What is Mortgage?
Meaning of Mortgage: – A mortgage is a loan that the borrower uses to purchase or maintain a home or other form of real estate and agrees to pay back over time, typically in a series of regular payments. The property serves as collateral to secure the loan. A mortgage is the transfer of an interest in specific immovable property to secure the payment of funds or to be advanced through a loan, an existing or future loan, or the performance of an engagement that may give rise to a pecuniary liability.
According to Section 58(a) of The Transfer of Property Act, 1882 mortgage is the transfer of an interest in specific immovable property for the purpose of securing the payment of money advanced or to be advanced by way of loan, an existing or future debt, or the performance of an engagement which may give rise to a pecuniary liability. The transferor is called a mortgagor, the transferee a mortgagee; the principal money and interest of which payment is secured for the time being are called the mortgage-money, and the instrument (if any) by which the transfer is effected is called a mortgage-deed.
What are the characteristics of mortgage?
Following are the characteristics of mortgage: –
- A mortgage can only be affected on immovable property;
- immovable property includes land and profits that arise from things attached to the earth such as trees, buildings and machinery.
- But a machine that is not permanently fixed to the earth and is able to shift from one place to another is not considered immovable property.
- A mortgage is the transfer of interest in a specific immovable property which is different from sale. As in sale the ownership right of the property is transferred but in mortgage certain right of ownership get transferred and the other ownership right will be with the owner only.
- The purpose of the transfer of an interest in property would be to secure a loan, resulting in a monetary obligation. Transfer of property for the purpose other than the above will not amount to mortgage. For example: – property transferred to liquidate prior debts will not become mortgage.
- The mortgaged property must be a specific one, i.e., that can be identified by its size, location, boundaries, etc.
- The actual possession of the mortgaged property should not always be transferred to the mortgagee.
- The owner of the property will get the interest back in the mortgaged property after the repayment of the debt.
- If the mortgagor fails to repay the loan, the mortgagee receives the right to recover the debt from the sale proceeds of the mortgaged property.
Who is a Mortgagor?
Meaning of Mortgagor: – A mortgagor is the person who borrows money from a lender in order to purchase a home or other piece of real estate. The person who has transferred interest to a specific immovable property is known as a mortgagor. A mortgagor is the person or other entity that receives a mortgage loan in order to buy property.
Mortgagors can obtain varying mortgage loan terms based on underwriting factors associated with a mortgage loan. Mortgage loans are a type of secured loan therefore one commonality among all mortgage loans is the pledging of real estate collateral.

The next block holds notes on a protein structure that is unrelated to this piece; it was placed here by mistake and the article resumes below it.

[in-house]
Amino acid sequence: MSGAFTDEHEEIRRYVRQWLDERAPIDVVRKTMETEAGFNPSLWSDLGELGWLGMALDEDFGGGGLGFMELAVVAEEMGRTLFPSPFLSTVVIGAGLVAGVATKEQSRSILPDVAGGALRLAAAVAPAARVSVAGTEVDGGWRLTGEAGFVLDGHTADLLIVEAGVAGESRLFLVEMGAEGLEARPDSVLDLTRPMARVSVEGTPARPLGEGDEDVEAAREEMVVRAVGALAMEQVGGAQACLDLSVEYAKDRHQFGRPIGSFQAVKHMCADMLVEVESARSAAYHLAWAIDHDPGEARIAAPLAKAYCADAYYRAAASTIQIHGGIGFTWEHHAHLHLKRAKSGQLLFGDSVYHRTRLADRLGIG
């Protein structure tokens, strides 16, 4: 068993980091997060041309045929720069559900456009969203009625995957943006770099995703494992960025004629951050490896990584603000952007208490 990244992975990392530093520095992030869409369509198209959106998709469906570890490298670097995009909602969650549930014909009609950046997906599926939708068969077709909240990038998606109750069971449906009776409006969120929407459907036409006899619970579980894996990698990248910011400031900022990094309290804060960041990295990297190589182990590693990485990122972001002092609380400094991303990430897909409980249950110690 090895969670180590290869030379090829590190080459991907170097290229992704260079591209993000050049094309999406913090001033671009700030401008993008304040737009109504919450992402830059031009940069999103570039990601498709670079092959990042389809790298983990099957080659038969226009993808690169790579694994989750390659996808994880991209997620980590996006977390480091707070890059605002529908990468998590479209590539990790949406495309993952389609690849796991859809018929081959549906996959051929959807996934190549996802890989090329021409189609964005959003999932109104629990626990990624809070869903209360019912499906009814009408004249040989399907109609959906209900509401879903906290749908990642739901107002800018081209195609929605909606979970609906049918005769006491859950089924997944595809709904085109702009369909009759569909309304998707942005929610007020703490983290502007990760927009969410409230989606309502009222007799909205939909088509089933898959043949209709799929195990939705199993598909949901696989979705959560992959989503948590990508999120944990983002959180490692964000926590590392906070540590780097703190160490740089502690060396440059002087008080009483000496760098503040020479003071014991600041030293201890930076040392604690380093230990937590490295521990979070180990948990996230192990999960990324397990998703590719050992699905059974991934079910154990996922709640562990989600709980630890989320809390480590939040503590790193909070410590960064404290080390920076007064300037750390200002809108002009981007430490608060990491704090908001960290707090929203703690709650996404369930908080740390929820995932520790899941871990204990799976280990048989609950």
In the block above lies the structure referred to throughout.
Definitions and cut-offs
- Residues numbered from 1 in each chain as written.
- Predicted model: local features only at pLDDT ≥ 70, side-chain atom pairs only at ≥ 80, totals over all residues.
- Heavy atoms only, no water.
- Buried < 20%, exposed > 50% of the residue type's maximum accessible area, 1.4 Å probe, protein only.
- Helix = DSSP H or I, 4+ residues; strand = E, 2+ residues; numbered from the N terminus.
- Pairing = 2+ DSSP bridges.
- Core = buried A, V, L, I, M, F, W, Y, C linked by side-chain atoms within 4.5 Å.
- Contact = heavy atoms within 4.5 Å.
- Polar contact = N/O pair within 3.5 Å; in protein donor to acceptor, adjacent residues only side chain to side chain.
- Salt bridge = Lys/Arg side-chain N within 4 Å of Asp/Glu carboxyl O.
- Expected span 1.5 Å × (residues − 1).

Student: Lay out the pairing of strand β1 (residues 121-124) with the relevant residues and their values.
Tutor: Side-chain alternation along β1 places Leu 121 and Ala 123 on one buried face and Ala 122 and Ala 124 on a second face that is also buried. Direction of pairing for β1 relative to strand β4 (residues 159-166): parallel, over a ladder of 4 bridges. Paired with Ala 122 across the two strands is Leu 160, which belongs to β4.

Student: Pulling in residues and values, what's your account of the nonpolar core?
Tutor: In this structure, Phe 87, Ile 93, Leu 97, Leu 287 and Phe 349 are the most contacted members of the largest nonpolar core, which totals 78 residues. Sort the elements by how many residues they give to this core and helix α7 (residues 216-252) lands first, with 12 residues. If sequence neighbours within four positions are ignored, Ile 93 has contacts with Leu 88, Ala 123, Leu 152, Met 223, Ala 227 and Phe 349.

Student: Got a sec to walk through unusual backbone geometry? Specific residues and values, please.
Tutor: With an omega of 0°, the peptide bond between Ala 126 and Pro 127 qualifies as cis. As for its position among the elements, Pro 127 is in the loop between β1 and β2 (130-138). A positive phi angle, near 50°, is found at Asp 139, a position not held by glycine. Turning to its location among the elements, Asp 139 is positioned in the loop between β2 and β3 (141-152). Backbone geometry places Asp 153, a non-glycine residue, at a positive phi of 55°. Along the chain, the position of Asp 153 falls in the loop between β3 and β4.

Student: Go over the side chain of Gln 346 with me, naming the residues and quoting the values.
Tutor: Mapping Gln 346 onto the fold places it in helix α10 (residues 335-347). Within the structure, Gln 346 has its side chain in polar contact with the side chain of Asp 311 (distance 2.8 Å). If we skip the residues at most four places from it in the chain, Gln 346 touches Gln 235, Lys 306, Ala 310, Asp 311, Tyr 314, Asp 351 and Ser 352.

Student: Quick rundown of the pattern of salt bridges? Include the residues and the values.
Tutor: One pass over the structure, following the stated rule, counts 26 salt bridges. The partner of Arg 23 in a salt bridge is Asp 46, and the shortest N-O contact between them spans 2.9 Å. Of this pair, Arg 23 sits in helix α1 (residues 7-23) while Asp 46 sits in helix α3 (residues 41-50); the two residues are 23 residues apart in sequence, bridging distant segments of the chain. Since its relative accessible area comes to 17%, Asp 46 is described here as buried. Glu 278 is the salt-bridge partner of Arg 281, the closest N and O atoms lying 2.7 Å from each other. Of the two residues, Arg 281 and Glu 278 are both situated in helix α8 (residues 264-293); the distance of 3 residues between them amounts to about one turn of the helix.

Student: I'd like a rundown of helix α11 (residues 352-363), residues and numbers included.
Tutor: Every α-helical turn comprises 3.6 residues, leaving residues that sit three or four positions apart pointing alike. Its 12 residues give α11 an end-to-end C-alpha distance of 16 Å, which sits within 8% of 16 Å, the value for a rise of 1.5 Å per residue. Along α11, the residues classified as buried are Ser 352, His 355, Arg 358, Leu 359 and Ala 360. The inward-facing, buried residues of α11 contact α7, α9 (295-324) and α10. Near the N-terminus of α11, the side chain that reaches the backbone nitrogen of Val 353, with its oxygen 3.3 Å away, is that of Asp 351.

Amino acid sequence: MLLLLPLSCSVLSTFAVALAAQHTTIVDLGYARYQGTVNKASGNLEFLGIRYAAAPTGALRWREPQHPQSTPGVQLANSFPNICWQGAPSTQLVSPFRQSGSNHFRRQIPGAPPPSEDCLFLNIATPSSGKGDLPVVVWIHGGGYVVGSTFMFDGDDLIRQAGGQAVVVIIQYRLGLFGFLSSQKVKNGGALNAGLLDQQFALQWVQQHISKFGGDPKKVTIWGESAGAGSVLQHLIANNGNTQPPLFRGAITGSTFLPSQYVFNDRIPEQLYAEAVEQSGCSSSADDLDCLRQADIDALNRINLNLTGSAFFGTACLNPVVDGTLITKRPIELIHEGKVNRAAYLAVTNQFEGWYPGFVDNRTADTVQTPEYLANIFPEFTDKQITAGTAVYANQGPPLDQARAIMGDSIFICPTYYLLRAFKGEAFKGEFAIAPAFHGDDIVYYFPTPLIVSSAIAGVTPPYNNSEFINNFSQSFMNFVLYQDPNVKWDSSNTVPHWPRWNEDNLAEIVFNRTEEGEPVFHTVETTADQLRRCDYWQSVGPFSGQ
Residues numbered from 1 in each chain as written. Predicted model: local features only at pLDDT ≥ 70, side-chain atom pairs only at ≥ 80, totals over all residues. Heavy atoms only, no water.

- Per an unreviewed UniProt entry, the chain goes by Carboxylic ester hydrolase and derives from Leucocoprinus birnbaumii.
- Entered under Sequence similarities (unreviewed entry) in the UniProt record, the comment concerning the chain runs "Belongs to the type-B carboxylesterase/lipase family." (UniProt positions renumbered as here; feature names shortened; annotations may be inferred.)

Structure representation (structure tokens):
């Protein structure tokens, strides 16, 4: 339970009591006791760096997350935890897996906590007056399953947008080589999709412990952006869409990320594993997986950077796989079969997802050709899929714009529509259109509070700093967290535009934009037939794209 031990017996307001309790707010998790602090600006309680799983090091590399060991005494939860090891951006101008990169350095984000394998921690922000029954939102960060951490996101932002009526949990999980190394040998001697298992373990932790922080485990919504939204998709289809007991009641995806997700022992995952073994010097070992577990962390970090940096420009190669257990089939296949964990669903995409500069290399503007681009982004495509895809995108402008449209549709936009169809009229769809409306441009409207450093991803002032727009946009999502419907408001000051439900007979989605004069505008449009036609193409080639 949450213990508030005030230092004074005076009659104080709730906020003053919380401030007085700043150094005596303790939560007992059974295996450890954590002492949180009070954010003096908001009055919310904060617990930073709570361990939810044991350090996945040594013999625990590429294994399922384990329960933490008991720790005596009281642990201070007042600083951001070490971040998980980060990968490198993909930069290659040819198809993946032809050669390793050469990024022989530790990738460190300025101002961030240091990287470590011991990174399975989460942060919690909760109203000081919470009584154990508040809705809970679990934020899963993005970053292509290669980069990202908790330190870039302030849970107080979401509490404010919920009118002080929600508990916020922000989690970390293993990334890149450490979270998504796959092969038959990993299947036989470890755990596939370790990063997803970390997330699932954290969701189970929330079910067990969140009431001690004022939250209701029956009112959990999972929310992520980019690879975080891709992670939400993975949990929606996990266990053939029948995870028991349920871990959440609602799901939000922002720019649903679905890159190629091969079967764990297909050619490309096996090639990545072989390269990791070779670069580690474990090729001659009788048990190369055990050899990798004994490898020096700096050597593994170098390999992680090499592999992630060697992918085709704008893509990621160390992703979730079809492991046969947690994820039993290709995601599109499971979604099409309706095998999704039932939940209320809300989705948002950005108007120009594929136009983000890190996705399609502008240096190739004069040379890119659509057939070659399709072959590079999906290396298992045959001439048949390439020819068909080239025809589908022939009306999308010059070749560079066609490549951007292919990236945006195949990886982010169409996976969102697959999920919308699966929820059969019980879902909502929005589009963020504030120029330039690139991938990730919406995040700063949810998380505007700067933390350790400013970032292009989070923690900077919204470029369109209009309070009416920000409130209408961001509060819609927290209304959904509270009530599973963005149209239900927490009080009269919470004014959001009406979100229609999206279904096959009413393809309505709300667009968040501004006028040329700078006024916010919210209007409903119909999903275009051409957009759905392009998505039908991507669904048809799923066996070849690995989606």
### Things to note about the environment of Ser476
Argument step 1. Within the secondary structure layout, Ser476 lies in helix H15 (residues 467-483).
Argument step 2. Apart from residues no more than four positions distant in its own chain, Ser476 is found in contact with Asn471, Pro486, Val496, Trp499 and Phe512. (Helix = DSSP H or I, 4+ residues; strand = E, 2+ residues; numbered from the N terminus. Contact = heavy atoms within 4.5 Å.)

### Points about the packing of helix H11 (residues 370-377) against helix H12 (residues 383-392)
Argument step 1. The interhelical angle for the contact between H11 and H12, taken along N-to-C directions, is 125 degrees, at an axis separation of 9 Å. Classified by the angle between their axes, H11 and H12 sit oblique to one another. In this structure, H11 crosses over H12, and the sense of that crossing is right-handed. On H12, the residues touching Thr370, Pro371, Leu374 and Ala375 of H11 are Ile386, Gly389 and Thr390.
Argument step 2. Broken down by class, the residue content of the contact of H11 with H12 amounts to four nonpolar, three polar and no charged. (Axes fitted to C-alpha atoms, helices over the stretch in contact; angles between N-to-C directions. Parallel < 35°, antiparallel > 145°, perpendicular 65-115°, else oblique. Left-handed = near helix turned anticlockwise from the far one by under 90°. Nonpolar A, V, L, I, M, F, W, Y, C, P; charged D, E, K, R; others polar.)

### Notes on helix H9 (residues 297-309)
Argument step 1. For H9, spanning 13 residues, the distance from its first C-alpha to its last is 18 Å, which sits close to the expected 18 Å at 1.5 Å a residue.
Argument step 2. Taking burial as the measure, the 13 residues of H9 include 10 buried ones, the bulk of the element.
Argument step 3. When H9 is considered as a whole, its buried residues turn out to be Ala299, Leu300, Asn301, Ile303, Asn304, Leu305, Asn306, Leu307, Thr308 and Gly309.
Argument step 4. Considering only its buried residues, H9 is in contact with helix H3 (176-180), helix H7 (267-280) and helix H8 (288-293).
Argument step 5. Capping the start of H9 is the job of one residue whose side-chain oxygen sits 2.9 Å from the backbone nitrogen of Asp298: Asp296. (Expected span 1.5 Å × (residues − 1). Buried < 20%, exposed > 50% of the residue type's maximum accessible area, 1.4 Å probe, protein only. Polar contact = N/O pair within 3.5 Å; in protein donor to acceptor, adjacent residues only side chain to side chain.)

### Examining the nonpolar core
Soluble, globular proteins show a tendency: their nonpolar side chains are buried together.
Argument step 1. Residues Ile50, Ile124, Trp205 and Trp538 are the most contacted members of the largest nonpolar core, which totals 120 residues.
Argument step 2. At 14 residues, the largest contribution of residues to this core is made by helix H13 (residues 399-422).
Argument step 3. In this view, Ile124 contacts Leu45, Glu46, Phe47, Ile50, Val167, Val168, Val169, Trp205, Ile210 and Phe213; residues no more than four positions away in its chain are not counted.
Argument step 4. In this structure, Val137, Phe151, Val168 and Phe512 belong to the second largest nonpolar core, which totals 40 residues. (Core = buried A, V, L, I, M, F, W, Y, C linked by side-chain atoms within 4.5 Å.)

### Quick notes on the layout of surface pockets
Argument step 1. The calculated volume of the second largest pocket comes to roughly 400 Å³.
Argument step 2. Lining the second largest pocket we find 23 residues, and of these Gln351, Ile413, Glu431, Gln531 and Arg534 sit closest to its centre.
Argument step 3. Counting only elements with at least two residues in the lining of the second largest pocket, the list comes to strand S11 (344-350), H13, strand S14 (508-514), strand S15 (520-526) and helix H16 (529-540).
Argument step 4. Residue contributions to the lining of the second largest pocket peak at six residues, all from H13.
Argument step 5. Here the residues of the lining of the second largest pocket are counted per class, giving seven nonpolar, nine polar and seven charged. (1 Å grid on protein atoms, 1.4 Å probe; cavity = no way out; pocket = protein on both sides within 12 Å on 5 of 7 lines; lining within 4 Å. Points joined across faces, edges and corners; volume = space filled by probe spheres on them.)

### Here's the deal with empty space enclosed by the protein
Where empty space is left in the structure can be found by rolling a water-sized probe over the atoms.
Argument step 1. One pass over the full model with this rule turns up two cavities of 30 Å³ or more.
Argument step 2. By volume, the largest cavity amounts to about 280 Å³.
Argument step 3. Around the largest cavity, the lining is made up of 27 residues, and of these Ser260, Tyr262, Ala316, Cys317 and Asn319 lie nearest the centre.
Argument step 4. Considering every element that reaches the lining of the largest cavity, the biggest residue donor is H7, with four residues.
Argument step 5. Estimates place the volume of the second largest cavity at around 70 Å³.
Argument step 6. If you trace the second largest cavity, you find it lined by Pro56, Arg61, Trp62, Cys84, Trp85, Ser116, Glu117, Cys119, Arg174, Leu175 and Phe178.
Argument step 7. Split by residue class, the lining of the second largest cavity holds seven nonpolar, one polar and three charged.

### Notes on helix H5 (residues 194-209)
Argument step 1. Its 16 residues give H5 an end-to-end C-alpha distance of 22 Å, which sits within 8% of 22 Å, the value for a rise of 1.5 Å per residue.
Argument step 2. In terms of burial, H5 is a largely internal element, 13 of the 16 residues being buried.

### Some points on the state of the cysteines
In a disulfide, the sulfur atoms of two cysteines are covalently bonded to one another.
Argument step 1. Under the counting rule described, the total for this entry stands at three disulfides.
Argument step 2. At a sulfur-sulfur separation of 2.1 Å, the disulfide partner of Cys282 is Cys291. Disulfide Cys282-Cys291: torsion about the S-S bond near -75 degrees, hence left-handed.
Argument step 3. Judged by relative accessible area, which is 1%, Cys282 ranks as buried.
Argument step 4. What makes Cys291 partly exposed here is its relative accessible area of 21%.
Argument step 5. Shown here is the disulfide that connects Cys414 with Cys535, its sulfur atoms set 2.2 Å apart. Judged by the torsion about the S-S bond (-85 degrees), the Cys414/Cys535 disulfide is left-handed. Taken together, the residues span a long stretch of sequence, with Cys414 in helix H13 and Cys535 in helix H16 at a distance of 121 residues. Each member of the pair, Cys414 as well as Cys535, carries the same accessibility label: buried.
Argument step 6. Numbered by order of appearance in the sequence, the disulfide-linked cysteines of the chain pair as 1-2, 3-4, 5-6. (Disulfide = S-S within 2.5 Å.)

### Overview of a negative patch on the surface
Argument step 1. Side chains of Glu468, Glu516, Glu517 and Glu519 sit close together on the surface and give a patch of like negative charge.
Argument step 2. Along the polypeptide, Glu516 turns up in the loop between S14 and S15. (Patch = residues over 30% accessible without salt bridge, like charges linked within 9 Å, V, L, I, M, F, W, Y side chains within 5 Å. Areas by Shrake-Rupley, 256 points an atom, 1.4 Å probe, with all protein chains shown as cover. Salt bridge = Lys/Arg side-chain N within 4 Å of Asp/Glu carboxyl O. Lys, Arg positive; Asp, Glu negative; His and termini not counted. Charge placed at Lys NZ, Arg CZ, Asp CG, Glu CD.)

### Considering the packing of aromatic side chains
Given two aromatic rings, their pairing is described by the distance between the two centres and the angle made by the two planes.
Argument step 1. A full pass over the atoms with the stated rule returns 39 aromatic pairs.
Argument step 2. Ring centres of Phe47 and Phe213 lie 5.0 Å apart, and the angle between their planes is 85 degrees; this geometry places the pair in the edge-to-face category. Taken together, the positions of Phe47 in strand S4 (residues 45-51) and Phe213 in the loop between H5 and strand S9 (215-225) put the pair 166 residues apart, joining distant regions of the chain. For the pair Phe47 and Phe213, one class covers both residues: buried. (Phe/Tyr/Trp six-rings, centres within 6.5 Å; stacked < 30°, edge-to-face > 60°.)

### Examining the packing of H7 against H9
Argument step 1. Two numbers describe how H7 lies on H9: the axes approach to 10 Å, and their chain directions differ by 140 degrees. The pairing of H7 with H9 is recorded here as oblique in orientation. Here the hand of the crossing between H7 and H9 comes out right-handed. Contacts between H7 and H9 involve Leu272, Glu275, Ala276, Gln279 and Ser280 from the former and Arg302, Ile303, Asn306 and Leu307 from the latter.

Once the loan has been funded, the mortgagor is responsible for making timely payments of interest and principal. If they do not, they may ultimately be subject to foreclosure on the home.
For example: – ‘A’ wants a loan from ‘B’. Now ‘B’ wants his money to be secured which he is giving in loan to ‘A’. ‘A’ will transfer interest in the specific immovable property to ‘B’ and give him the right to sell the property in case ‘A’ is not able to repay the amount. ‘A’ is the mortgagor here.
Who is a Mortgagee?
Meaning of Mortgagor: – A mortgagee is a lender, specifically, an entity that lends money to a borrower for the purpose of purchasing real estate. In a mortgage transaction, the lender serves as the mortgagee and the borrower is known as the mortgagor. The transferee or the person in whose favor the interest is being transferred is known as a mortgagee. In the example given above, the person who is lending money i.e. B is a mortgagee.
In order to limit its risk, a mortgagee creates a priority legal interest in the value of the mortgaged property, allowing it to seize it if the mortgagor defaults on the loan.
How a Mortgagee Works?
Most people take out a mortgage to finance the purchase of a residence or commercial building. In order to limit its risk in the investment, the lender in the transaction creates a priority legal interest in the value of the property, substantially lowering the probability, the mortgagee, will not be repaid in full if the borrower defaults on the loan. This is done through a perfected lien and title ownership.
A mortgagee represents the interests of the lending financial institution in a mortgage deal. Lending institutions can offer a variety of products to borrowers, representing a significant portion of loan assets for both individual lenders and the credit market overall.
What is Mortgage money?
Meaning of mortgage money: – The principal amount which is given as loan and the interest amount that the mortgagor will pay. The sum of both, the principal amount and interest is known as mortgage-money.
In a mortgage loan the mortgagor is the party receiving the loan and the mortgagee is the party offering the loan. The mortgagor must submit a credit application and agree to the mortgage loan terms if approved for a loan. The mortgagee has the authority to determine the terms of the mortgage loan, oversee the servicing of the loan and manage the title rights to the real estate collateral.